Alysha Bazan, trainer and fitness director at CrossTown Fitness, said weightlifting is one of the most common exercises she sees performed incorrectly — especially deadlifts, in which people will sometimes round their back while lifting.
“Take your time and don’t rush through the movement. Make sure that you’re stabilizing your core,” she said. “Make sure you’re doing the form properly without the weights first before loading it up.”
Home exercisers may not know how to plan a workout either, Bazan said: “Like, not knowing the proper exercises to pair together, especially if they’re loading up the weight, or how many reps and how many sets that they’re doing.”
Bazan said you can lift safely at home, and it might not require as much equipment as you think. “It seems like a lot of people have like one or two pieces of equipment at home — which is great and you can do a lot of things with the one piece of equipment,” Bazan said. “Especially if people have one dumbbell or one kettlebell, you can do a lot of single-sided exercises.”
Watch your form
A lot of home workout programs that don’t require equipment include exercises such as planks, squats, push-ups and sit-ups. But having bad form can lead to injury, said Alex Nsiah-Kumi, trainer and owner of Paramount Personal Training.
When doing squats or lunges, your knees and toes should be going the same direction. “So that, long term, your knees don’t start bothering you,” he said. “Rep after rep, doing it wrong adds up.”
Planking can be hard on your lower back if you’re not doing it right, Nsiah-Kumi said. “Make sure it’s not going into your lower back at all. It should be more of a core thing. There should be no lower back tightness or pain.”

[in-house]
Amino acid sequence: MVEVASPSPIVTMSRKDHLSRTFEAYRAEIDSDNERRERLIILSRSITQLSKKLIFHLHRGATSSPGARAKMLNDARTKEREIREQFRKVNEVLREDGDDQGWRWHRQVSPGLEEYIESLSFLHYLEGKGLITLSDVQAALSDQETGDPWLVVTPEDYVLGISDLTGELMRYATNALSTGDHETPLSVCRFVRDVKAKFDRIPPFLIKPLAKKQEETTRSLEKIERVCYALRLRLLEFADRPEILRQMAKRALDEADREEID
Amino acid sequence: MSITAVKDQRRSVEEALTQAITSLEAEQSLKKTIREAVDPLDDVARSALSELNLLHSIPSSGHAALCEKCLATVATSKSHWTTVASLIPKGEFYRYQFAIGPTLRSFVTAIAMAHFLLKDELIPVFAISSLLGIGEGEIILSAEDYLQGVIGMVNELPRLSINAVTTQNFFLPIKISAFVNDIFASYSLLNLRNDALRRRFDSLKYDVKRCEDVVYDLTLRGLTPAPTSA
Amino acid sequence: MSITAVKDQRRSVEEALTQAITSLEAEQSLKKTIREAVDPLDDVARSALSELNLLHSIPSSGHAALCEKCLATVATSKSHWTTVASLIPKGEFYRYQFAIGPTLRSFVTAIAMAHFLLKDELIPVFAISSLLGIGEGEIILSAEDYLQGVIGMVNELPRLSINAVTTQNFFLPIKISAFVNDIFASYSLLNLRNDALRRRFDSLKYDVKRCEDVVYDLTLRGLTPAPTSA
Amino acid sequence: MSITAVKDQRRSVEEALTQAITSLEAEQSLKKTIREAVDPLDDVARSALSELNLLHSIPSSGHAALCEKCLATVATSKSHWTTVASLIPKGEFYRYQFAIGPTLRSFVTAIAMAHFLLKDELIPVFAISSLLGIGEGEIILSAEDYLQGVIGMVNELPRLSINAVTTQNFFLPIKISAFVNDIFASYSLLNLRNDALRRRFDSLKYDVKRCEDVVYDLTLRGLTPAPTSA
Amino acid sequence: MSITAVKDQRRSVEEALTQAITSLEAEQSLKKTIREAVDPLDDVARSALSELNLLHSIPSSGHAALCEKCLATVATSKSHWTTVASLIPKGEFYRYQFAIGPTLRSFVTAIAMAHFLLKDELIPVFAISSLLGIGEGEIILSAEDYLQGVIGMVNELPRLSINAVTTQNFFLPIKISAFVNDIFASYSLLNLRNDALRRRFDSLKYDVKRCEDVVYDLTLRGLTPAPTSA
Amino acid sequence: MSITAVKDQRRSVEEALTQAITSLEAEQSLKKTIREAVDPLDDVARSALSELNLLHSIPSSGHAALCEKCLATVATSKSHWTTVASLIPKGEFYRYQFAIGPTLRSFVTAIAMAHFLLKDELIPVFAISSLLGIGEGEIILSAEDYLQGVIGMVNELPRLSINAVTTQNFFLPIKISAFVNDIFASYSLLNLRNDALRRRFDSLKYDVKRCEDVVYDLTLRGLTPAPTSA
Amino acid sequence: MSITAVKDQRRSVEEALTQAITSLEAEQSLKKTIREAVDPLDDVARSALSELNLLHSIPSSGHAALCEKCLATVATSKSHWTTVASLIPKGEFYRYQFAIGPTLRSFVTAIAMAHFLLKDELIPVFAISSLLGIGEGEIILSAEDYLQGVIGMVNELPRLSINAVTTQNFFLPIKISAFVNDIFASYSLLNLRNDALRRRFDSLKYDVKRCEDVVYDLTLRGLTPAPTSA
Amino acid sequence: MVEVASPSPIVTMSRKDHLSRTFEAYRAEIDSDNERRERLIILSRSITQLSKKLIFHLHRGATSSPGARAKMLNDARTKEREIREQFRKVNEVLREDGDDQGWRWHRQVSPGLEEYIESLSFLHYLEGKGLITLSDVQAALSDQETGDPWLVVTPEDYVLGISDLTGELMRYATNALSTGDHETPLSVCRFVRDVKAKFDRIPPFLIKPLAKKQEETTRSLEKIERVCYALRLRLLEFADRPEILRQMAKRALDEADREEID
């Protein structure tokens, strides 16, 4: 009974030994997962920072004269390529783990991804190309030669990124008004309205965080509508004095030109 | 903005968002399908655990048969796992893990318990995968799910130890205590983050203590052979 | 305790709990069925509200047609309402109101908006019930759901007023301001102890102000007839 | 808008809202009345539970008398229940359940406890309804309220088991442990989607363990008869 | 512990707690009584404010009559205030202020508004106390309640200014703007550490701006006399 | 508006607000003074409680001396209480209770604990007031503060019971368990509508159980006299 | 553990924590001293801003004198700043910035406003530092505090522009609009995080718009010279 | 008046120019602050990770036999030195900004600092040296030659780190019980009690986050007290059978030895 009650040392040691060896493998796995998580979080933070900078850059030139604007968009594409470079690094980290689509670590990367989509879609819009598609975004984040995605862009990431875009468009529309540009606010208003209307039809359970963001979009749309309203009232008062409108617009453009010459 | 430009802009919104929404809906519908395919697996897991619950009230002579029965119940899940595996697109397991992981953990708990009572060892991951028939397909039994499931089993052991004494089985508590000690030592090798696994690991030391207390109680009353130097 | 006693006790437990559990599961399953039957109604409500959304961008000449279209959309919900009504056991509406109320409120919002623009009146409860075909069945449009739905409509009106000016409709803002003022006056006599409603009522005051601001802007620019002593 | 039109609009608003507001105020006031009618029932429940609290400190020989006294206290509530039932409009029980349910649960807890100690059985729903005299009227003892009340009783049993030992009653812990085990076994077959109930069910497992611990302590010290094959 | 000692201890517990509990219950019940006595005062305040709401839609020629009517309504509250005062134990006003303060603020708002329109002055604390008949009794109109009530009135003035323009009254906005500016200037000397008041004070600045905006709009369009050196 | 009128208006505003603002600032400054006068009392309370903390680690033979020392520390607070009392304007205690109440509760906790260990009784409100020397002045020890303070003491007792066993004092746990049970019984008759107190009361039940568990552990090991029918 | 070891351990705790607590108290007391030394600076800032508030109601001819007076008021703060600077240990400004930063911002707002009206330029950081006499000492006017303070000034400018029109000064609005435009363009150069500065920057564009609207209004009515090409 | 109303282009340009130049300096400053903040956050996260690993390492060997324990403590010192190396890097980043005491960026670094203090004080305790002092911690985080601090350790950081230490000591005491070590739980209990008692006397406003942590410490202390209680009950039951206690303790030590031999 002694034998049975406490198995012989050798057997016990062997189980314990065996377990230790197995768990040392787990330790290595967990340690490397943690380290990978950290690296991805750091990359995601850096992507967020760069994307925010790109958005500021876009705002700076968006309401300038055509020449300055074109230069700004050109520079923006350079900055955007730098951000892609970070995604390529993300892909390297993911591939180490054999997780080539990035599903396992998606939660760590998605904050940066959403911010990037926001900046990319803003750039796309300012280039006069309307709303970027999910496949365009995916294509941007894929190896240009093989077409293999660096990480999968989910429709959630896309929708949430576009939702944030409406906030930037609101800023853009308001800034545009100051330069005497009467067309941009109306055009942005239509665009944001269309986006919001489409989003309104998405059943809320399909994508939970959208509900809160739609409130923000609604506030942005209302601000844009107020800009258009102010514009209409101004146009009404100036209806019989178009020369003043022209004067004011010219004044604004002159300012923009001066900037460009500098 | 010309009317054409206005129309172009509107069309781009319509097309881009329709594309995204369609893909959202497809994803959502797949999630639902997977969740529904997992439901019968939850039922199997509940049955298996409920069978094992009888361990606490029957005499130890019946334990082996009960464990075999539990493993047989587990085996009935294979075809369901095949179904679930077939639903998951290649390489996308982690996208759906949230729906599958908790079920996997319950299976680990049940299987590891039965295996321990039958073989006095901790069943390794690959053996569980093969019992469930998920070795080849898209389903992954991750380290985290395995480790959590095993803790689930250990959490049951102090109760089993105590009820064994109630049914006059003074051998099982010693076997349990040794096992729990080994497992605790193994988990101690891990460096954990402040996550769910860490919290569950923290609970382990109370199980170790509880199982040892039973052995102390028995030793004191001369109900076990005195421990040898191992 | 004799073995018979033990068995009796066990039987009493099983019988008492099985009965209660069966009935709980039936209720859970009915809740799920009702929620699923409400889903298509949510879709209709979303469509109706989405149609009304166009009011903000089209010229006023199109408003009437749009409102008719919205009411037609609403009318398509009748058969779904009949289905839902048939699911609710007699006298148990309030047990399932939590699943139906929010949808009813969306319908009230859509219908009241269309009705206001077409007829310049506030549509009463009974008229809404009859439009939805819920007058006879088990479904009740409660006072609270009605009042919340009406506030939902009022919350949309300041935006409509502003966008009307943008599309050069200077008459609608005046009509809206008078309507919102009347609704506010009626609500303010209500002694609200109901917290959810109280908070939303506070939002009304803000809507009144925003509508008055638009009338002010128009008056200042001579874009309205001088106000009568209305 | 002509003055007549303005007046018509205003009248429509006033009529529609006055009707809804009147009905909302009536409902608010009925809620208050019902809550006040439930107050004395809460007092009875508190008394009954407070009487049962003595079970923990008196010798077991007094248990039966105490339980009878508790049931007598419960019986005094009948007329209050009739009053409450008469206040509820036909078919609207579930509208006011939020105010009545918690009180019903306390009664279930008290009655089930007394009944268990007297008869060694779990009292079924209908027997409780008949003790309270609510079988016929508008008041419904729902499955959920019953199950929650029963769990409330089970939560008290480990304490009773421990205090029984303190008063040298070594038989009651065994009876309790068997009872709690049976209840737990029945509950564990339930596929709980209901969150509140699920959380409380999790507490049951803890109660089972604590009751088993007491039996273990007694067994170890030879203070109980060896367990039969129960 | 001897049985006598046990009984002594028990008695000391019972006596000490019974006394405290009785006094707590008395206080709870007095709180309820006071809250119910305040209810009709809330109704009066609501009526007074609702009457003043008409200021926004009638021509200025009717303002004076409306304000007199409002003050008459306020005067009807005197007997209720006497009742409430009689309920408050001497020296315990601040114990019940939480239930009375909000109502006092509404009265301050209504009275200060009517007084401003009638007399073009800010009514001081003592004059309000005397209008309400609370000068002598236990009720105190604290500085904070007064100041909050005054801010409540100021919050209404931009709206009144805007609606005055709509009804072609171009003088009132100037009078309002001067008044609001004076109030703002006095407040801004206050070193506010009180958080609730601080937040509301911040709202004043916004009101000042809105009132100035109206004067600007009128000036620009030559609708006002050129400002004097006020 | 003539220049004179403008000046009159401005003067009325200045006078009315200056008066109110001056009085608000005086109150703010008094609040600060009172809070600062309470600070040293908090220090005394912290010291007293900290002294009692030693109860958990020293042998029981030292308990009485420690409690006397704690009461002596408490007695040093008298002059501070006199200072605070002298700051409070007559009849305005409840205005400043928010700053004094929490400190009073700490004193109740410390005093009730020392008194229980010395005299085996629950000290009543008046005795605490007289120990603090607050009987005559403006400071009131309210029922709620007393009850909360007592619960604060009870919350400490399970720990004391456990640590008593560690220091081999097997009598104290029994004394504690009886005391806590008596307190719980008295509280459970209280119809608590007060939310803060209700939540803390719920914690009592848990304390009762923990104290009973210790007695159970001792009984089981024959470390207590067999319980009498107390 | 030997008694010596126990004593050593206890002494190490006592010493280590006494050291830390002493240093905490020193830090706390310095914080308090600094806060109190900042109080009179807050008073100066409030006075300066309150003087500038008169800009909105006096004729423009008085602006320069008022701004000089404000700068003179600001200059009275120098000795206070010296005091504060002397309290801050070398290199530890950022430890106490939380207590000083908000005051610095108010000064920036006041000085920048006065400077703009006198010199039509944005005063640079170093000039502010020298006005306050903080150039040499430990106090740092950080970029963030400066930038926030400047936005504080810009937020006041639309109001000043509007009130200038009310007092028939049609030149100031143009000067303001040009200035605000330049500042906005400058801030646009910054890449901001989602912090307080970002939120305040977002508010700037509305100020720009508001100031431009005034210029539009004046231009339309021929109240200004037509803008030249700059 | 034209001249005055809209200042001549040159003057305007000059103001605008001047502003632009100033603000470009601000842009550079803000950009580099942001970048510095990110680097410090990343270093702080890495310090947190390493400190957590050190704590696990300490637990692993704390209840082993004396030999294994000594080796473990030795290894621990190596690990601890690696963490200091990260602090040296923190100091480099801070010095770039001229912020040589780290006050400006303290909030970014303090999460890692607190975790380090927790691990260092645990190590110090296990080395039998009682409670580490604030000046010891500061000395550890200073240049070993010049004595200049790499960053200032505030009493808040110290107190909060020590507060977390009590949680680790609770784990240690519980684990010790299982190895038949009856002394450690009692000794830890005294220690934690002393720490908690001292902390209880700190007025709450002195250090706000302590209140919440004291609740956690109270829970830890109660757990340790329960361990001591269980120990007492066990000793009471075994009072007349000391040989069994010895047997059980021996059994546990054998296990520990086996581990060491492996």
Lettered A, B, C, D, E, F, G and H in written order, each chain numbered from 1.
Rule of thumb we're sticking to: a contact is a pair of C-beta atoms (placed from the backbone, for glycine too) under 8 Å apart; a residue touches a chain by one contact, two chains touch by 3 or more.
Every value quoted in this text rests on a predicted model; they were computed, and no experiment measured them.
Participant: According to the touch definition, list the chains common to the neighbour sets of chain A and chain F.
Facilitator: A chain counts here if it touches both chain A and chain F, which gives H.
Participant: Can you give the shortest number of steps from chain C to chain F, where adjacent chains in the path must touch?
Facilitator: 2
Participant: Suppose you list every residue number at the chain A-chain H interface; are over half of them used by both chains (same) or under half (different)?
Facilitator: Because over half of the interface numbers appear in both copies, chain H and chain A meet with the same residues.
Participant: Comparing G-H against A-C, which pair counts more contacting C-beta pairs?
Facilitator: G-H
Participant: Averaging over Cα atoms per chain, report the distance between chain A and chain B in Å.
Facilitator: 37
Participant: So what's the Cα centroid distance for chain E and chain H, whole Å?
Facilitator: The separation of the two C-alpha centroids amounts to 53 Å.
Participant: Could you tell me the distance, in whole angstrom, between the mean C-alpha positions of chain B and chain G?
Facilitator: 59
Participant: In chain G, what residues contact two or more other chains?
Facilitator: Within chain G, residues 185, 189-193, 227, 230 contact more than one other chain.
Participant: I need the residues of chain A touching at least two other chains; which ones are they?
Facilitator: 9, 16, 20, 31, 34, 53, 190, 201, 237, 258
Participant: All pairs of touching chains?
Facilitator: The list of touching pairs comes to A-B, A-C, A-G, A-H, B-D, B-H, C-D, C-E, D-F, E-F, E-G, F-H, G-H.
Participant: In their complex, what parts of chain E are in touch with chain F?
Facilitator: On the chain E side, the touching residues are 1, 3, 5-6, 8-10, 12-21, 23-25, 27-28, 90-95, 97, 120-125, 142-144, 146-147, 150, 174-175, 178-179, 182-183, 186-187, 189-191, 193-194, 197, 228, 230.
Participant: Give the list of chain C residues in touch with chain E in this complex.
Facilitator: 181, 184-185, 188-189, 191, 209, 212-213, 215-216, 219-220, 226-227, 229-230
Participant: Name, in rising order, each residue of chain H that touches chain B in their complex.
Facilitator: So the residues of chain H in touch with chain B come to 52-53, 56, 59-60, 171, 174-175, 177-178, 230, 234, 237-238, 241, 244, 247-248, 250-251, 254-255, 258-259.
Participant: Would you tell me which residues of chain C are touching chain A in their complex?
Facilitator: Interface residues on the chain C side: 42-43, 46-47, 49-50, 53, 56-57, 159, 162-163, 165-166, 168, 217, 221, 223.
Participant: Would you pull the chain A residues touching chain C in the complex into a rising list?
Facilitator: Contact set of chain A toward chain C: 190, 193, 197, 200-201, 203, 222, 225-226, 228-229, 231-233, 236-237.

If you can’t perform an exercise, find a variation that scales it back to a point where you can have less pain, he said.
Yoga is best done in the presence of an instructor, said part-time Chicago yoga instructor Whitney Katz. But that’s not always possible, even in in-person classes, she said: “Not being watched properly by a teacher has hurt me more than it’s helped me.”
Katz recommends making live, virtual classes part of your at-home yoga practice, especially if you’re a beginner. Even over the internet, having an instructor watching can help you tune the poses to your body.
“There’s not an ABC of bodies,” she said. “We all have different anatomy, and what might feel great for one body might feel horrible for another.”
But if you’d rather learn yoga through YouTube videos, Katz said it’s important to take it slow. “’Beginner’ doesn’t always mean gentle,” she said. “You can get into some pretty complicated things in a beginning class.”
Katz said many video classes don’t offer modifications of poses that might make them work for different bodies.
“If something doesn’t feel right, and you’re taking a prerecorded class, back off,” she said. “Don’t go as far.”
Listen to your body
“You certainly are at risk for injury any time you exercise,” said personal trainer Shane Schroeder. “You want to check with your doctor to make sure it’s safe to start an exercise program.”
Schroeder also recommends getting a trainer who can help you virtually. His service, Train With Shane, delivers his programs to clients through an app and he follows up with weekly coaching calls. People who use a free online program for fitness should do so with caution, he said.
“Listen to your body,” Schroeder said. If the pain goes beyond normal muscle burn or fatigue into joint pain, you might be injuring yourself. “Let your body be your guide.”